Our clients frequently ask us about Tenant Screening. For Landlords who want to minimize their risk of renting to problematic tenants, a variety of methods can be used to predict whether the tenant may present a problem in the future. Most Landlords are already familiar with the variety of online services that can be used to screen the applicant based on credit score and other financial criteria. Although credit score can be a valuable indicator of a tenant’s ability to pay his or her rent, most landlords would prefer to know whether their prospective tenants had any prior eviction or criminal history. Since there tends to be a high recidivism rate amongst tenants who have been evicted, having the applicant’s eviction history may be a valuable tool in indicating a potential problem with the applicant. Similarly, the prior criminal history of an applicant may be of cause for concern for a landlord.
Information regarding an applicant’s eviction or criminal history can be obtained free of charge from the State of New Jersey’s Judiciary web site. To access this information, go to www.judiciary.state.nj.us. On that website, users may click the tab marked “online resources.” Under that tab, you will be provided with several options, including “civil case public access,” and “criminal conviction information.” Using the applicant’s name, the user can then find out whether any civil or criminal cases have occurred. More detailed information can also be obtained using the public access computer workstations located inside the County Courthouses.
Another effective screening method is a surprise visit to the apartment where the applicant currently lives. Very often, these visits yield astonishing findings regarding the cleanliness of the potential applicant. In some cases, an applicant who appears to be otherwise qualified will prove to be a hoarder or have a substantial sanitation issue. We do not recommend giving too much weight to a recommendation from the prior landlord.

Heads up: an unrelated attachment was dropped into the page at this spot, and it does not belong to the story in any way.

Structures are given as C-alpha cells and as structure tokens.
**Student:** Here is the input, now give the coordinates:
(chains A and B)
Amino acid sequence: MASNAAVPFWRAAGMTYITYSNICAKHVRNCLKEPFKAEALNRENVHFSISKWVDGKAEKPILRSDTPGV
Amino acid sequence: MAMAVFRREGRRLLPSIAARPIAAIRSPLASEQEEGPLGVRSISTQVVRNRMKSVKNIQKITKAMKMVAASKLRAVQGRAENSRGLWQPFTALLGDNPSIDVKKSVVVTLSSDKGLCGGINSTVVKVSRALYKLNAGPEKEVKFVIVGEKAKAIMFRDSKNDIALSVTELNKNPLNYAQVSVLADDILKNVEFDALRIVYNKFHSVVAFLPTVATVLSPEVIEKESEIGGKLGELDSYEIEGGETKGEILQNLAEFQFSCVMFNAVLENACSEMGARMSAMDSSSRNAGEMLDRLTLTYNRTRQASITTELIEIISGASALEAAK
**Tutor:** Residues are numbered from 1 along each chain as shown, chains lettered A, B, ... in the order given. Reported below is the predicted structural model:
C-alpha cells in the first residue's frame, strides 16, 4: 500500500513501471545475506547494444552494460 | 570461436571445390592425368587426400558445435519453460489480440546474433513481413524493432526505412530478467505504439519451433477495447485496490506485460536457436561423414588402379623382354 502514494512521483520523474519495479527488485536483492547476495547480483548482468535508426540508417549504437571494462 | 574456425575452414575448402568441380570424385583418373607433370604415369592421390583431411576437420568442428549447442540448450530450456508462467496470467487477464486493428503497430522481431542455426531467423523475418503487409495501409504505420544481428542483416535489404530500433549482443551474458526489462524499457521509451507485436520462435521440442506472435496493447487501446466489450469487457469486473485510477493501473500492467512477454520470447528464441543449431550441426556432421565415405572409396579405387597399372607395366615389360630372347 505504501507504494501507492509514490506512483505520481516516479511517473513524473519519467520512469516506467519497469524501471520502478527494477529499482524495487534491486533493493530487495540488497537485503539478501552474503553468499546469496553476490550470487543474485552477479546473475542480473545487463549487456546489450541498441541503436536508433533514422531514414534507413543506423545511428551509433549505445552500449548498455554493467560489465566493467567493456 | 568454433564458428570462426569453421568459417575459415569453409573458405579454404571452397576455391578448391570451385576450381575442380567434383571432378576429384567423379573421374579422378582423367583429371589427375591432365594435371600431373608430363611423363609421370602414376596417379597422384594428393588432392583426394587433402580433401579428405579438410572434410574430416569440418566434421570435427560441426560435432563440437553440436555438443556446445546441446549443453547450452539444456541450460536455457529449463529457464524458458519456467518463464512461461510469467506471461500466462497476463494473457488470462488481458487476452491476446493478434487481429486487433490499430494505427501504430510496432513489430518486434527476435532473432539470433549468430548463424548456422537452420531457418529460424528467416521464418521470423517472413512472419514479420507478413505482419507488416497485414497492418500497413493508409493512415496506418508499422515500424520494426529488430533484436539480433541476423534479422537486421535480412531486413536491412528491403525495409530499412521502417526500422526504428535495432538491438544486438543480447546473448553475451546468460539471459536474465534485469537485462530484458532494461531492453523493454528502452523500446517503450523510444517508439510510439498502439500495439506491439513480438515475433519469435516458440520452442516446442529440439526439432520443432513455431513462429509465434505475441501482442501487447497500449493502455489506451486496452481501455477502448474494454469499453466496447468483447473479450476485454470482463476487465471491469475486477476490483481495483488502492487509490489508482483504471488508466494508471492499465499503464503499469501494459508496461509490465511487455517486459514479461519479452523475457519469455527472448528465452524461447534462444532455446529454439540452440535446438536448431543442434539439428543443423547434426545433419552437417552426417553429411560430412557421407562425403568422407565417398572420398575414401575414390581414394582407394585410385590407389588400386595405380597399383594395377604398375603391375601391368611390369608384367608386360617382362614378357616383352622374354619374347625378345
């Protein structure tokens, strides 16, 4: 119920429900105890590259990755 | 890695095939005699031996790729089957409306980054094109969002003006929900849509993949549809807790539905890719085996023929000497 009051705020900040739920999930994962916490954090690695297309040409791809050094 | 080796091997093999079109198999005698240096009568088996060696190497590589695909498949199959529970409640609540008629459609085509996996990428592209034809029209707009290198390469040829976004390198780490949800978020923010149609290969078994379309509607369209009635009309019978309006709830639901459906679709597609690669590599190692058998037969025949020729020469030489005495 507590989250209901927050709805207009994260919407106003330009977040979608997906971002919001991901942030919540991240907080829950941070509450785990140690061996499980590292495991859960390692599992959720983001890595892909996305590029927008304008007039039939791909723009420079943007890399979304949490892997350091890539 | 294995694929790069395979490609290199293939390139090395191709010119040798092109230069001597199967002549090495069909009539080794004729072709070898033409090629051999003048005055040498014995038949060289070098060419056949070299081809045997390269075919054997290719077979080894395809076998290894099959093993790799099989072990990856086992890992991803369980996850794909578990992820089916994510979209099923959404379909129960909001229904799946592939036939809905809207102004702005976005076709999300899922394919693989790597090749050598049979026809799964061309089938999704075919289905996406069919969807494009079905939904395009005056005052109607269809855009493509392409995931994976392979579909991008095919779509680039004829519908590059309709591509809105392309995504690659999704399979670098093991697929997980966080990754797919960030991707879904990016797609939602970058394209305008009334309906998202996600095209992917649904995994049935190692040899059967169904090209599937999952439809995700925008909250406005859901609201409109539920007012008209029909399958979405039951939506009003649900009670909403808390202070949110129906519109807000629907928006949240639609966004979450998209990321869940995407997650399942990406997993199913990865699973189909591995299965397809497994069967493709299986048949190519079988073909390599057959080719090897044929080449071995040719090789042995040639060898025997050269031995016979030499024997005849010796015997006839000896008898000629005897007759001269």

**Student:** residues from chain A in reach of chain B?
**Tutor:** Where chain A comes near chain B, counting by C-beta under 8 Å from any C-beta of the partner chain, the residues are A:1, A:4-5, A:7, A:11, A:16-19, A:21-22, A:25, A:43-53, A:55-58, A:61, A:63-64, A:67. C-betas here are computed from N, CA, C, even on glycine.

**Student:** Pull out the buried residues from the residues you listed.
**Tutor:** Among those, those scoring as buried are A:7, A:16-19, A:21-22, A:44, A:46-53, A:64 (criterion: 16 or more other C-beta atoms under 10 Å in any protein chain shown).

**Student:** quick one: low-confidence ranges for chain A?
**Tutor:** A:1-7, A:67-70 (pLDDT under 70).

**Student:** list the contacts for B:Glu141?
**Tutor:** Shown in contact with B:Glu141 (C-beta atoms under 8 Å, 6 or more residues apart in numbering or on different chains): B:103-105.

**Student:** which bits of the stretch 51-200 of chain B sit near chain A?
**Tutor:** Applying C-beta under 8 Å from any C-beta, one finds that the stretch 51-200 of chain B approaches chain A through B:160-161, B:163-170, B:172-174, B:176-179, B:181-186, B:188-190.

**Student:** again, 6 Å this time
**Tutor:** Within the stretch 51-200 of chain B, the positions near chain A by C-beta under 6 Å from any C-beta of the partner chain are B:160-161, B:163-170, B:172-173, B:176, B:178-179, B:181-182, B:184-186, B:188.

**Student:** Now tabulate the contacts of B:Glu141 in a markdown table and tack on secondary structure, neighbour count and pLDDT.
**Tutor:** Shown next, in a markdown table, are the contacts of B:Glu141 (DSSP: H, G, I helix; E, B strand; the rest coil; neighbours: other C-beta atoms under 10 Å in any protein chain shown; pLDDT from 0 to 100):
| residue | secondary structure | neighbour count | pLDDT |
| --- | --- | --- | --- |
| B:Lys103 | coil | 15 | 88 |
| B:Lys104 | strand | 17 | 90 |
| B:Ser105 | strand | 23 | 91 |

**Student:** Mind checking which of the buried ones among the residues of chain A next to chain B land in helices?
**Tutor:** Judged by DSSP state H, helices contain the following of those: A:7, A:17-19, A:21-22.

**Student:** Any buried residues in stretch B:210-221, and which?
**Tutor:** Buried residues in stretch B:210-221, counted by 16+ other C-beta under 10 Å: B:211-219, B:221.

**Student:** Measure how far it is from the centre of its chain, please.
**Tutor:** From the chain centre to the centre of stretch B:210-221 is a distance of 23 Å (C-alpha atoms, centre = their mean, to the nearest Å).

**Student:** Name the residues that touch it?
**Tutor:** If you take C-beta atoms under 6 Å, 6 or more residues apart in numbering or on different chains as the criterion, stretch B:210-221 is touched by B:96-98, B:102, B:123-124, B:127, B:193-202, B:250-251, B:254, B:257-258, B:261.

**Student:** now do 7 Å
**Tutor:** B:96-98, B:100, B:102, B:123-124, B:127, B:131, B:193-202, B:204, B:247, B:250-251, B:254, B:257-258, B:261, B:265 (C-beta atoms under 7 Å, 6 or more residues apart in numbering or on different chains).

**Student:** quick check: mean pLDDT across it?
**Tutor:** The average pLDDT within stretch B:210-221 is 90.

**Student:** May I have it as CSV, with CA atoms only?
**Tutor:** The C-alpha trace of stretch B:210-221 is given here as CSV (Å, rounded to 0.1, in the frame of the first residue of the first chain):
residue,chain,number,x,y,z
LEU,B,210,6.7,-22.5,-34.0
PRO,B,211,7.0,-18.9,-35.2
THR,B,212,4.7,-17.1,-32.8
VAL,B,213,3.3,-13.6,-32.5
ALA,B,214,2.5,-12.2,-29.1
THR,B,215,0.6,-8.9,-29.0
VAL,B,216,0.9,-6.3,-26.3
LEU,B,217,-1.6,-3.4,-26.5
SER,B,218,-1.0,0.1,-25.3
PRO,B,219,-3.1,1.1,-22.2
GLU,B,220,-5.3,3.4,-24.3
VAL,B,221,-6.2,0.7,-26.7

Very often, the prior landlord is highly motivated to remove the unwanted tenant and may therefore provide a prospective landlord with an overly complimentary report about a bad tenant.
While the screening of tenants is part of the responsibility of being a landlord, it is also the responsibility of the landlord to ensure that he or she complies with Federal and State laws. Specifically, a landlord may not engage in any illegal form of discrimination. The laws regarding discrimination are infinitely complex and extend to the screening of applicants as well as the method of advertising. If you are unsure of the laws regarding discrimination, you should speak with a lawyer who specializes in that field of law. Landlords should also be aware that searches might sometimes lead to false results, especially in cases where the applicant has a common name. Landlords must take extra caution to make sure that their screening practices are consistent for all applicants and do not violate any laws regarding discrimination. Finally, landlords should be cautioned that not all applicants with negative indicators in their credit, eviction or criminal histories are going to difficult tenants.